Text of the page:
The Easter Special Collection that will be taken up in parishes throughout the diocese will benefit retired priests and retired members of religious congregations.
A special envelope for this collection is inserted in this, the March 31 edition of The Catholic Missourian.
Gifted with reasonably good health, Father Patrick Dolan sees retirement as an ongoing integration with the Sacrament of Holy Orders that he received 52 years ago.
“Most sacraments have an element of you actually becoming the sacrament that you receive,” he stated.
Raised in Ireland, where priests were once plentiful, Fr. Dolan came as a missionary to this diocese, which needed priests.
He spent 10 years in the diocese’s missions in Peru, and since returning in 1995 has maintained ties to Spanish-speaking Catholics in whatever part of the diocese he’s serving in.
“I was never assigned to a parish here that has a large group of Hispanics,” he noted. “I was always moving out to get to them.”
Since officially retiring in 2021, Fr. Dolan has been volunteering on weekends as sacramental minister for St. Mary Parish in Milan and the Mission of St. Mary in Unionville; and providing a monthly Mass in Spanish in Macon, Moberly, Palmyra, Hannibal and Ewing.
He lives in the St. Bonaventure Rectory in Marceline.
He often takes to the road during the week, offering Mass in Spanish at various parishes in northeastern Missouri, visiting scattered enclaves of Catholic immigrants, and teaching English as a Second Language once a week to Spanish-speakers in and around Shelbina and Clarence.
He recently clocked 400 road miles in one weekend.
“It’s easy driving and really beautiful country up here,” he noted. “I enjoy having Mass for those people and getting to know them.”
Many of those he encounters work odd hours on dairy or hog farms, in restaurants or in food plants.
“For some of these people, the weekly Liturgy has not been part of their Catholic upbringing,” Fr. Dolan noted. “They often come from little areas in their homeland, where a priest may come once or twice a year.”
A gift of thanks
For Fr. Dolan, age 77, retirement has meant setting aside the responsibilities of administration “and making more time for priestly things.”
“And more time to read, be relaxed, be healthy,” he added. “All of this, of course, within the limitations that come with age.”
He noted that no two priests approach or experience retirement exactly the same way.
Some retired priests spend weekends filling-in for pastors who are sick or traveling. Others attach themselves to a community and help out however they can.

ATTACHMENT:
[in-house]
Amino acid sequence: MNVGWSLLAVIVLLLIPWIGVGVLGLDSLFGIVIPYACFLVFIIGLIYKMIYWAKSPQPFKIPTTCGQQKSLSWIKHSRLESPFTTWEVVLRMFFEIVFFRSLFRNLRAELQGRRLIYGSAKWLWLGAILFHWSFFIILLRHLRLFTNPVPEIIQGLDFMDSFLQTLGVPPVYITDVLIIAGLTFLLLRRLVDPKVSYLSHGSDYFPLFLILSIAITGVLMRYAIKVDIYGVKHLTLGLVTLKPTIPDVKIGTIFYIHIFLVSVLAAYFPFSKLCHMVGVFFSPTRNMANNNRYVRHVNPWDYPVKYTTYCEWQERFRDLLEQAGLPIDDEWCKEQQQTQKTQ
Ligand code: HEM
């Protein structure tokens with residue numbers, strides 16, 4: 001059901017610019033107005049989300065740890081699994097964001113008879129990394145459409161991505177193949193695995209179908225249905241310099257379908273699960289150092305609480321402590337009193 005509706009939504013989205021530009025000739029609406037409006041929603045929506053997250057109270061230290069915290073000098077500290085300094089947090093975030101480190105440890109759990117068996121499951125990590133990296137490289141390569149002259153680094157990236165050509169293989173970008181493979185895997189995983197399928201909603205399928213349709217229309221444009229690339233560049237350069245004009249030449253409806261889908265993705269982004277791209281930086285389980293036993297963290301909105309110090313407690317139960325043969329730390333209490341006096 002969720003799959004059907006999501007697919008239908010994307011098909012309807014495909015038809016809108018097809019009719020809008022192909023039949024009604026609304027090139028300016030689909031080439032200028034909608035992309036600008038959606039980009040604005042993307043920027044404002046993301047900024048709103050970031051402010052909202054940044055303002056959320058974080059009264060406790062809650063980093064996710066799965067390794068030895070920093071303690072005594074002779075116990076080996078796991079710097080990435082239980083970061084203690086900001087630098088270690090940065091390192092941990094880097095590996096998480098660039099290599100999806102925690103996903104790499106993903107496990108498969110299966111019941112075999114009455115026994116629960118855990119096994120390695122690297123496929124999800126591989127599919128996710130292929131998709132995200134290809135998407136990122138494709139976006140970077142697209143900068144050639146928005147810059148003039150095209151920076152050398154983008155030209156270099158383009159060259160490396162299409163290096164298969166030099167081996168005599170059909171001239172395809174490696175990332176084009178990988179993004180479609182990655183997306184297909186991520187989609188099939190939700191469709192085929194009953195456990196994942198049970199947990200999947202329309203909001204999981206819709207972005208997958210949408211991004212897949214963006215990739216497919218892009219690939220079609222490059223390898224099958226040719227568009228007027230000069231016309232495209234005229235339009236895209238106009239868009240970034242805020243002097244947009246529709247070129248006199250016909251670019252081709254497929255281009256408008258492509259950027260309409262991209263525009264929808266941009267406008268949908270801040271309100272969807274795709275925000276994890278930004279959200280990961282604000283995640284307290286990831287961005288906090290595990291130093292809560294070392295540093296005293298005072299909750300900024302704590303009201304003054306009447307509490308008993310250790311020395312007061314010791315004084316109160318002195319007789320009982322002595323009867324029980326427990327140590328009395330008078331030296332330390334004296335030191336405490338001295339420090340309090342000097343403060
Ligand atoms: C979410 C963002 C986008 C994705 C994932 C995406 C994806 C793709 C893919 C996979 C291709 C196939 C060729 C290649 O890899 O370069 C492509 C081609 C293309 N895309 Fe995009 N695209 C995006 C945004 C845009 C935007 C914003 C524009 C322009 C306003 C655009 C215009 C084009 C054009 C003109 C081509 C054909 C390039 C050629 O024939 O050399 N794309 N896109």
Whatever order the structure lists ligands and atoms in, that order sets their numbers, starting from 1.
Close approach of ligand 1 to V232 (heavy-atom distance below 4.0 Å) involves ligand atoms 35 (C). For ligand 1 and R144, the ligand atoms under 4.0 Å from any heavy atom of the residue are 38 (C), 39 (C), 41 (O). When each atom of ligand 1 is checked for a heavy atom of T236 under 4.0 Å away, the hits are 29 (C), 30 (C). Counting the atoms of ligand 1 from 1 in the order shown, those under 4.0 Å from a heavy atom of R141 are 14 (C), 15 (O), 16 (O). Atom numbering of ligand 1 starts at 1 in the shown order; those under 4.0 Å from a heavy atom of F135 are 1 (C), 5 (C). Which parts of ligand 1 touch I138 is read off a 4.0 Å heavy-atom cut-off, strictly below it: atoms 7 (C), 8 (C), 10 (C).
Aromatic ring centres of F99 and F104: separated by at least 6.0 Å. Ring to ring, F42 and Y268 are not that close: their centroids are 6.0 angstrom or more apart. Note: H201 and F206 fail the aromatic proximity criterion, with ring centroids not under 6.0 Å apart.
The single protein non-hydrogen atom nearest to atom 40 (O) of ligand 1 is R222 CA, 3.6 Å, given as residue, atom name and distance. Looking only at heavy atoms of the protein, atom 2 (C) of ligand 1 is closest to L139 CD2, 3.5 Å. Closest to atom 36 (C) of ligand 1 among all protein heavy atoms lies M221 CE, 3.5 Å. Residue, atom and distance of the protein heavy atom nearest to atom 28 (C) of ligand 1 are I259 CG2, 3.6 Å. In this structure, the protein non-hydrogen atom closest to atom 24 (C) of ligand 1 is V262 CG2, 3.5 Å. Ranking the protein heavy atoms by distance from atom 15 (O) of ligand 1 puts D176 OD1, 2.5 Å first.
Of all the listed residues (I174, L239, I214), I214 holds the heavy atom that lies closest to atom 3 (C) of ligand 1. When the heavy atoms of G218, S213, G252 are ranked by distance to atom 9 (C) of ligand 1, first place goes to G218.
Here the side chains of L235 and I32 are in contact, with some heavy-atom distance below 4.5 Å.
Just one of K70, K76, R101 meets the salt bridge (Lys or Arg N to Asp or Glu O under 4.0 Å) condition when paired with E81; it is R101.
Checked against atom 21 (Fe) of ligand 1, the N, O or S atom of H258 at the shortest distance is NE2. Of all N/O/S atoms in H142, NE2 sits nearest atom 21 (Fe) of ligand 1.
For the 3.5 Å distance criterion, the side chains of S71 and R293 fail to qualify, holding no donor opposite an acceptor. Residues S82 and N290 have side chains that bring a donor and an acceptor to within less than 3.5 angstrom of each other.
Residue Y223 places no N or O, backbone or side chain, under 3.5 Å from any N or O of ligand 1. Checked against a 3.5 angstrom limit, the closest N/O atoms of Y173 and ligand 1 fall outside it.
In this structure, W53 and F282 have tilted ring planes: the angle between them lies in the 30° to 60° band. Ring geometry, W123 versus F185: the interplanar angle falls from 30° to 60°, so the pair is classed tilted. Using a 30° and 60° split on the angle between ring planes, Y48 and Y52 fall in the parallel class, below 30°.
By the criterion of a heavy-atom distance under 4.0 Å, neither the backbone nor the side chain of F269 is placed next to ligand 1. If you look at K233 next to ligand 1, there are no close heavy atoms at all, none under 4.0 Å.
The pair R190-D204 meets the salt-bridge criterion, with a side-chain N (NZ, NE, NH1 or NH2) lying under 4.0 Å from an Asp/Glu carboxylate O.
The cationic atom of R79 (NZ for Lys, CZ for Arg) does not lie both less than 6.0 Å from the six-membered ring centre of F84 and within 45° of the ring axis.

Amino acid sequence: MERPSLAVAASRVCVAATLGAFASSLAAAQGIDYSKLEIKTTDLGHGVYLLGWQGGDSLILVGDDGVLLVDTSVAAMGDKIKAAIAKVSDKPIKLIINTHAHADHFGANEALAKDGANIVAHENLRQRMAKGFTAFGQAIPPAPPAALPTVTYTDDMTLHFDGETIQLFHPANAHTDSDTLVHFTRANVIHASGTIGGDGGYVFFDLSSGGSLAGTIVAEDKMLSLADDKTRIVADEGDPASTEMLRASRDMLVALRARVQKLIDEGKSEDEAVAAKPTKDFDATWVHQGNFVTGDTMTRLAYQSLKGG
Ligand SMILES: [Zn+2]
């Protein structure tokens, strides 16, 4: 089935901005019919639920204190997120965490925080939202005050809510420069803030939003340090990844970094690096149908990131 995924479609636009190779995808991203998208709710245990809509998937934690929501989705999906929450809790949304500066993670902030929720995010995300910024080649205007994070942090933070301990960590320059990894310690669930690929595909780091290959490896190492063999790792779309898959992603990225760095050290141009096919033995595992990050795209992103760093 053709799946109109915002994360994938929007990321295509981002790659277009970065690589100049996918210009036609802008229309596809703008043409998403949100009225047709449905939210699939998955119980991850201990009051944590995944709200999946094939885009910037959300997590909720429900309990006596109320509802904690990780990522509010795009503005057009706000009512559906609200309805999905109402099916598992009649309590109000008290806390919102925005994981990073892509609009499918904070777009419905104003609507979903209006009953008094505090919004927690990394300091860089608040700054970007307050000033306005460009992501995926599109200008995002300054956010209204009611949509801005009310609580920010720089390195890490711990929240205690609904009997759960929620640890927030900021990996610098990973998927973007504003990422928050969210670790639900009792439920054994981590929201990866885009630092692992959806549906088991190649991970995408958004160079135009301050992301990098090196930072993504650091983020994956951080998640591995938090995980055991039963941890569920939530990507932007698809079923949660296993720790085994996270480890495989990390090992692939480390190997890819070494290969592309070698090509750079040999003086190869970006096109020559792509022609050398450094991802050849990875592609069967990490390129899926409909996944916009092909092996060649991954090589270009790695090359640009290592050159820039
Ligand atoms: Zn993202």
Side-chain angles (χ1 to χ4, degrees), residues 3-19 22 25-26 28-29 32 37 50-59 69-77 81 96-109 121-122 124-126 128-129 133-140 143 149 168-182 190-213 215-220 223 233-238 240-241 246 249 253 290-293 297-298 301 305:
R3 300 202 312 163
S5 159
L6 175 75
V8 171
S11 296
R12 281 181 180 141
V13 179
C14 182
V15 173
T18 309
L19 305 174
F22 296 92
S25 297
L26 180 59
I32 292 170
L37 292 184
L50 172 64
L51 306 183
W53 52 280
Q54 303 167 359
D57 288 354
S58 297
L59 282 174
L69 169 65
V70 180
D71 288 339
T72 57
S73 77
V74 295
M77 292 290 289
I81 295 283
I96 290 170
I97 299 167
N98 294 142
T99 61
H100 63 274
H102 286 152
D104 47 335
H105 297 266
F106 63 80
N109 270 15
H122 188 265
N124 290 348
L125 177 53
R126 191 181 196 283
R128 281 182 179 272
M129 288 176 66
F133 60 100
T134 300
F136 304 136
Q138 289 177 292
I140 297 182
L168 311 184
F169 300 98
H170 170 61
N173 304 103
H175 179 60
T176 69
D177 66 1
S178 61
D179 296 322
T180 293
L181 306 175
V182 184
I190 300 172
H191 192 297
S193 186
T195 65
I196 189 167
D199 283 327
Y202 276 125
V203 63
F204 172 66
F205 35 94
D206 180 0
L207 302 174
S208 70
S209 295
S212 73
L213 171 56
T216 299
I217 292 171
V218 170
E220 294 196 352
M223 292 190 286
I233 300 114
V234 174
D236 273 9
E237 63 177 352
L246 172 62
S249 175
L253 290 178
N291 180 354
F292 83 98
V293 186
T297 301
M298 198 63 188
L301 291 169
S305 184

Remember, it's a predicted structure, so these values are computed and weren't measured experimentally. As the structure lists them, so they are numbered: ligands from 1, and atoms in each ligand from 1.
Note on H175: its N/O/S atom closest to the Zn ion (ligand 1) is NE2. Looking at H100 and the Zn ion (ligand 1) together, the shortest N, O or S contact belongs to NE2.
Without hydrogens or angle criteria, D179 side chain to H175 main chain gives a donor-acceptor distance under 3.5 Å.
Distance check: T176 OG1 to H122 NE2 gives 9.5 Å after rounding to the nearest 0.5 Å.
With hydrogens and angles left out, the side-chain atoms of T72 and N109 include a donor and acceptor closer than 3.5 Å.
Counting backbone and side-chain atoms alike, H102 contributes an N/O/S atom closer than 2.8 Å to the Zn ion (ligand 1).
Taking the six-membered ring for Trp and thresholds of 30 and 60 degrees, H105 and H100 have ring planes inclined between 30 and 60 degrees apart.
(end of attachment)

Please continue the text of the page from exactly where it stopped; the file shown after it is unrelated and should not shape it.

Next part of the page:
Several retired priests of this diocese are dealing with serious health issues, while others are in need of constant assistance.
“That’s just another stage in retirement, isn’t it?” said Fr. Dolan. “You have to humbly let people minister to you. That can be hard, especially if you’re used to be in the driver’s seat, so to speak.”
In any case, he stated, “We’re well taken care of as priests in retirement.”
“That’s something I want to make known,” he said. “I’m grateful that I am able to retire and still have my needs met. And one of the ways I say thank you is to be of service as I am able to people in the diocese that is supporting me.”
Fr. Dolan follows literally and figuratively in the footsteps of another missionary from Ireland, Father (later Bishop) John J. Hogan, who founded parishes and missions across northern Missouri in the years before and after the U.S. Civil War.
Fr. Hogan called northern Missouri “my beloved mission home,” while traveling a mission circuit roughly size-and-a-half of Ireland, seeking and ministering to scattered immigrant communities.
Like Fr. Hogan before him, Fr. Dolan is on mission in northern Missouri.
“Part of my vocation has always been to be a missionary priest, in a place where the Church is needing some kind of an outreach,” he stated.
He said going on mission is an adventure, “and I advise making it a prayerful one.”
Knowing the flock
Time and experience have given Fr. Dolan parallel insights into the ministerial Priesthood.
One is of being a priest of the Lord, the other is of being a priest of the people.
“We have a very high and beautiful theology of Baptism, Confirmation and Ordination,” he noted.
“But I always felt that theology becomes more beautiful when we become a priest for the people, as well as a priest for them before God,” he said.
Fr. Dolan has found that he preaches better if he listens first.
“It’s hard to become a shepherd without allowing the people to come and speak to you, and getting to know them so you’re not just speaking to their minds but to their lives,” he said.
Having collaborated with religious sisters through much of his Priesthood, Fr. Dolan said it’s good to remember retired priests and retired sisters at the same time.
“One has to recognize the beautiful work that the sisters have done on the front lines of bringing the Church together and helping it get organized in so many communities throughout the diocese,” he said.
He called to mind how religious sisters through the decades have helped draw immigrants together into communities for worship and catechesis.
“Let us remember them with a prayer of thanksgiving for everything they’ve come and done here for us,” said Fr. Dolan.